Evolution of insect olfaction

Research report (imported) 2014 - Max Planck Institute for Chemical Ecology


Große-Wilde, Ewald; Hansson, Bill S.

Max-Planck-Institut für chemische Ökologie, Jena Abteilung Evolutionäre Neuroethologie

The sense of olfaction is crucial for many insect species. Up until now, a major hypothesis stated that the most important of the involved receptor families, the olfactory receptors, appeared in evolution when insects emerged unto land. However, the analysis of basal flightless insects demonstrated that this is not true. The more likely scenario is that these receptors appeared when insects started to fly: Due to the higher speeds, insects have to resolve odor vanes more quickly, a task for which older receptors were probably insufficient.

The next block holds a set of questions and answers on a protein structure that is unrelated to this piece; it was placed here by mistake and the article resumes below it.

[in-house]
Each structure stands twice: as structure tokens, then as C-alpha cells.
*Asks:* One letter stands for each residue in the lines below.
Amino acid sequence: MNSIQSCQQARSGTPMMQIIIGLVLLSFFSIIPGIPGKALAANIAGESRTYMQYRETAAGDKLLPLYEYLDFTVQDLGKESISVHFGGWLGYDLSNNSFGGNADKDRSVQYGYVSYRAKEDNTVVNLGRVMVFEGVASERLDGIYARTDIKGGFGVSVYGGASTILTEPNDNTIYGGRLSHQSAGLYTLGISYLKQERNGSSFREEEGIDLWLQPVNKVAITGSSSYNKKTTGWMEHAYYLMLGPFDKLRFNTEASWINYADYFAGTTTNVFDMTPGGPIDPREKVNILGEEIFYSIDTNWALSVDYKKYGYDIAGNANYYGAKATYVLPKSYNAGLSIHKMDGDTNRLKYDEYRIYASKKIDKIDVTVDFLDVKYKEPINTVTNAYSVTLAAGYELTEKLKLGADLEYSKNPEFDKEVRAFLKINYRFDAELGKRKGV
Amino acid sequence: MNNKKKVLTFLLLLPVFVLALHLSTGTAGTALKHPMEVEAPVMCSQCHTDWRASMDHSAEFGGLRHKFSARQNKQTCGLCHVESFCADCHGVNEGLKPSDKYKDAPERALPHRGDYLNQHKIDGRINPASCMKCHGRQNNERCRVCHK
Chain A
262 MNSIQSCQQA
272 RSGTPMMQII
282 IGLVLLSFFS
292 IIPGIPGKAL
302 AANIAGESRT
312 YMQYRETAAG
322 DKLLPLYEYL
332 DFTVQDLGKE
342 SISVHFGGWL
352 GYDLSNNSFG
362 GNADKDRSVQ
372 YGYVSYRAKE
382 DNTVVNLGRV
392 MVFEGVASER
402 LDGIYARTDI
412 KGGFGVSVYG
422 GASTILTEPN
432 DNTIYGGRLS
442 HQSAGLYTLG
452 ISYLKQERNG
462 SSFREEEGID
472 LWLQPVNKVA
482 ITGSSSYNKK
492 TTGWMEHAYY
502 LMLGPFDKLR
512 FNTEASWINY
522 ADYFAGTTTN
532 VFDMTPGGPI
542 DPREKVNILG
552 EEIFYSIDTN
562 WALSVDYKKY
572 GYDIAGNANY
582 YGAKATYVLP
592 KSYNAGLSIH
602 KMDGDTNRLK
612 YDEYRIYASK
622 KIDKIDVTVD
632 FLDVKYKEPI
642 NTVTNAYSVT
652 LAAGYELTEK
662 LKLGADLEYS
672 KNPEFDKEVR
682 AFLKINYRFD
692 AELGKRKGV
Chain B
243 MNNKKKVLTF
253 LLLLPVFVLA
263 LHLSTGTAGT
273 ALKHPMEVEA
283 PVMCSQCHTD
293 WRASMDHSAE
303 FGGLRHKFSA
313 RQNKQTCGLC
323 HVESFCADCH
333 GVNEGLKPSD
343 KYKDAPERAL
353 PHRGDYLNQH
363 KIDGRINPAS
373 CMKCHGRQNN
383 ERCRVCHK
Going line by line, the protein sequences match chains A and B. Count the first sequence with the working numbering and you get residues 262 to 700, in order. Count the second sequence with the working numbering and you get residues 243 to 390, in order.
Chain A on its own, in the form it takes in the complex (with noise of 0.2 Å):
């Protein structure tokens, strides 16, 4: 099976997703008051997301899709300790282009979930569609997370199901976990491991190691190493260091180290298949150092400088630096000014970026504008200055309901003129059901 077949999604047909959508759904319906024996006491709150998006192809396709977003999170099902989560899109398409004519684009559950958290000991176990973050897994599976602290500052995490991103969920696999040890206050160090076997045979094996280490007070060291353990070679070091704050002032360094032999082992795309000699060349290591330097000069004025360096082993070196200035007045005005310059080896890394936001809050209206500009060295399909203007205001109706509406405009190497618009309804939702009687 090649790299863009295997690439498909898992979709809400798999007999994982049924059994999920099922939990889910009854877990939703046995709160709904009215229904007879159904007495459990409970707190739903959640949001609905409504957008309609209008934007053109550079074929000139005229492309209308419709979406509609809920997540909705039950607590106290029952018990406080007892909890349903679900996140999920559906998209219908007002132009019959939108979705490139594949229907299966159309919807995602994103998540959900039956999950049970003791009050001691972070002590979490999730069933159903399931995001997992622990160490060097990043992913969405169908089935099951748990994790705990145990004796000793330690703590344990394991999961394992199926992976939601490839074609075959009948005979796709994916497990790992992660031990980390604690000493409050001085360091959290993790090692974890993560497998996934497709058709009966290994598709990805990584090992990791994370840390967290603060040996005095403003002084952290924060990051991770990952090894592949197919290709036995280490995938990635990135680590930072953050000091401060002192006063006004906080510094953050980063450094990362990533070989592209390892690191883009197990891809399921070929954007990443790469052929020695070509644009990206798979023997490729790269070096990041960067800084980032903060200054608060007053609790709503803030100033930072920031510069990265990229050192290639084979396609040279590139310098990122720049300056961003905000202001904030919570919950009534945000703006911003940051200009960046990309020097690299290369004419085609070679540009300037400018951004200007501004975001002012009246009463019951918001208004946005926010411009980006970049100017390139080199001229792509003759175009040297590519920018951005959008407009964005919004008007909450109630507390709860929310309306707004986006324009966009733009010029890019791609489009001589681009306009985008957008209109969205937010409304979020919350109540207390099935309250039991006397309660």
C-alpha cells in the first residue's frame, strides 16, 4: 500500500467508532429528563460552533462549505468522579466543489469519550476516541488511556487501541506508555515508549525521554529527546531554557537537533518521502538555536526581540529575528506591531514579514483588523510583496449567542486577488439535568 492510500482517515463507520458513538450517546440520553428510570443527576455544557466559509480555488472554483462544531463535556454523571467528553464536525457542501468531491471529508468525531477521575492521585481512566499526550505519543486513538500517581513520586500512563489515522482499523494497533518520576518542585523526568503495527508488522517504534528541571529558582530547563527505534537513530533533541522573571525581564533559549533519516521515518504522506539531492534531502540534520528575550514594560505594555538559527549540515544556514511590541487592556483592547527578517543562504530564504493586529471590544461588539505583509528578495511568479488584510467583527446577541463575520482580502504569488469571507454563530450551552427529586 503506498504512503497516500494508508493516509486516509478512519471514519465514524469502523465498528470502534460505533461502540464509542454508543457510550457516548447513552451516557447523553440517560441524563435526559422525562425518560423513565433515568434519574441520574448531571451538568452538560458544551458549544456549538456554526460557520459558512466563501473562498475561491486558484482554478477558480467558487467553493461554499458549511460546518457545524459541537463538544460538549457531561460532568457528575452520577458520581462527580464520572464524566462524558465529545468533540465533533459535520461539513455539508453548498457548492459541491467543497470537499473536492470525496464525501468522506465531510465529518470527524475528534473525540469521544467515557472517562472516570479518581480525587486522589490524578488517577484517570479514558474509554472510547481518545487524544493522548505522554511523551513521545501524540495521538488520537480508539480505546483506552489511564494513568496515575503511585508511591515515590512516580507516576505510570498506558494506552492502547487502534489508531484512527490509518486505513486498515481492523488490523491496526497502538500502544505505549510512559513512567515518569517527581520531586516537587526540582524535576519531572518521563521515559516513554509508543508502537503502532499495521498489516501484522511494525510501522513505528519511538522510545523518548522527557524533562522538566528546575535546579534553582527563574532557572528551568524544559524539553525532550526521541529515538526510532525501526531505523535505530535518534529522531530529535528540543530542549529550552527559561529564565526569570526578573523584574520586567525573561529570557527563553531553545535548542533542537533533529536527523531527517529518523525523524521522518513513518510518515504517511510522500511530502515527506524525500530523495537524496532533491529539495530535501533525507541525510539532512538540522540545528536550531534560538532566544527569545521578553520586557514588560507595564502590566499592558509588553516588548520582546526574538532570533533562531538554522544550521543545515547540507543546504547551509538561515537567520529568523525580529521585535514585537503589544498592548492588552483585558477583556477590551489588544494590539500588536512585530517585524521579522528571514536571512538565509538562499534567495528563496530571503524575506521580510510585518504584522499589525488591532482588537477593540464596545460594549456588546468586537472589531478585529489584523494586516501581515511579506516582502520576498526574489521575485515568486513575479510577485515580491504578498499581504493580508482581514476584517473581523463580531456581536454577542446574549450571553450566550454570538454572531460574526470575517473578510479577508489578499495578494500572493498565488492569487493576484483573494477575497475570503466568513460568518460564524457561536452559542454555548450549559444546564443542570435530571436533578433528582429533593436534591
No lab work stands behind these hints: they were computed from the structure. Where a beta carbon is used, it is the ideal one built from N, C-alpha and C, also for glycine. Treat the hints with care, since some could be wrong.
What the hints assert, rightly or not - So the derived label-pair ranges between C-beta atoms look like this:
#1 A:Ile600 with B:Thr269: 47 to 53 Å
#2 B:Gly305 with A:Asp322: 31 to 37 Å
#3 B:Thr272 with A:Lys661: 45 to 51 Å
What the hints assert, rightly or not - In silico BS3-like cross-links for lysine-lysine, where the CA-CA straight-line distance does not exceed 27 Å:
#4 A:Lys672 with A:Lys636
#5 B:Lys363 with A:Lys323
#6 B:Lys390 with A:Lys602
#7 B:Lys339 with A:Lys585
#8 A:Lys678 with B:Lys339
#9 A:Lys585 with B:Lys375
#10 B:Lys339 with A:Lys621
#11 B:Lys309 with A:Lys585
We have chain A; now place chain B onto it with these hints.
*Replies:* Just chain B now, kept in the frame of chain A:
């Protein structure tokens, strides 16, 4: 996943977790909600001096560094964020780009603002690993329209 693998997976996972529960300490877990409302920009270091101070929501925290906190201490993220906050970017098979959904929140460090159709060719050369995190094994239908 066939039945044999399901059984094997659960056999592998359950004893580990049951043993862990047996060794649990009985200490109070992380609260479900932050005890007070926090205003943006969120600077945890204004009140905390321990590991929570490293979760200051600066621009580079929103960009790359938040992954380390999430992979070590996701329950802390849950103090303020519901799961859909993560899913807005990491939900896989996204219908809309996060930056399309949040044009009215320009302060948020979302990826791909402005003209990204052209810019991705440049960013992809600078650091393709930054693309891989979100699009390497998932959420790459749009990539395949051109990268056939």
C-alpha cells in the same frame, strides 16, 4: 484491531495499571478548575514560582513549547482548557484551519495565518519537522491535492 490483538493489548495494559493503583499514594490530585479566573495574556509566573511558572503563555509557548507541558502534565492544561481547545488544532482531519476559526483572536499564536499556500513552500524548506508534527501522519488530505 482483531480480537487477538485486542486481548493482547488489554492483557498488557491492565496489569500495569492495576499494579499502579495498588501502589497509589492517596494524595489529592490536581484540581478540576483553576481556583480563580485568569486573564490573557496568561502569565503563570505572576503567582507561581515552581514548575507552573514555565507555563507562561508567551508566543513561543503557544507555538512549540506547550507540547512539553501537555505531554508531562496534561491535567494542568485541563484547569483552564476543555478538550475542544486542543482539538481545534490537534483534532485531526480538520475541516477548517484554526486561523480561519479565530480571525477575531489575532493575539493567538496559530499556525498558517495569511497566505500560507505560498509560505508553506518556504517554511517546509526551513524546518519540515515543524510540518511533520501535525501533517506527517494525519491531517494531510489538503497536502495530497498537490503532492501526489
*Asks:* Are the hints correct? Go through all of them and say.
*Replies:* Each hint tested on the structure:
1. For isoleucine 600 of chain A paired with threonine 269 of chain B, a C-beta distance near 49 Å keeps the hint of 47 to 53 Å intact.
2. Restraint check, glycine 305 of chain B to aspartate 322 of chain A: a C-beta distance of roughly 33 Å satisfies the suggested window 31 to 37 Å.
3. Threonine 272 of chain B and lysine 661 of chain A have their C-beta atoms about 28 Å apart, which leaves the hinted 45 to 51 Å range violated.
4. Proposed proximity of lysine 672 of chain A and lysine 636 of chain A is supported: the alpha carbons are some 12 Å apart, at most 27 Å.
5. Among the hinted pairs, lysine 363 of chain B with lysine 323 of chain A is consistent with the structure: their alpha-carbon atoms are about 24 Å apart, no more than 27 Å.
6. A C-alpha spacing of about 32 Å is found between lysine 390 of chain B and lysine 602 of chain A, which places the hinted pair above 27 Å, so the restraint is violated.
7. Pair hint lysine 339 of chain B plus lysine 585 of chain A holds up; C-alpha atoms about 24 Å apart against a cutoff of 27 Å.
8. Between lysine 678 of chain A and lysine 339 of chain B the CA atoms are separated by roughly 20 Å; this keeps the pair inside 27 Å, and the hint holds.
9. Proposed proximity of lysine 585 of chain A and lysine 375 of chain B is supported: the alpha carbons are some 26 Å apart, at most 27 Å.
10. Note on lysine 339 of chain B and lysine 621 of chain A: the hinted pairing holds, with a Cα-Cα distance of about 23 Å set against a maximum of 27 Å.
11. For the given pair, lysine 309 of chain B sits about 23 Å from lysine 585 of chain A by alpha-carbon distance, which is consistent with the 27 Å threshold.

For the full text, see the German version.

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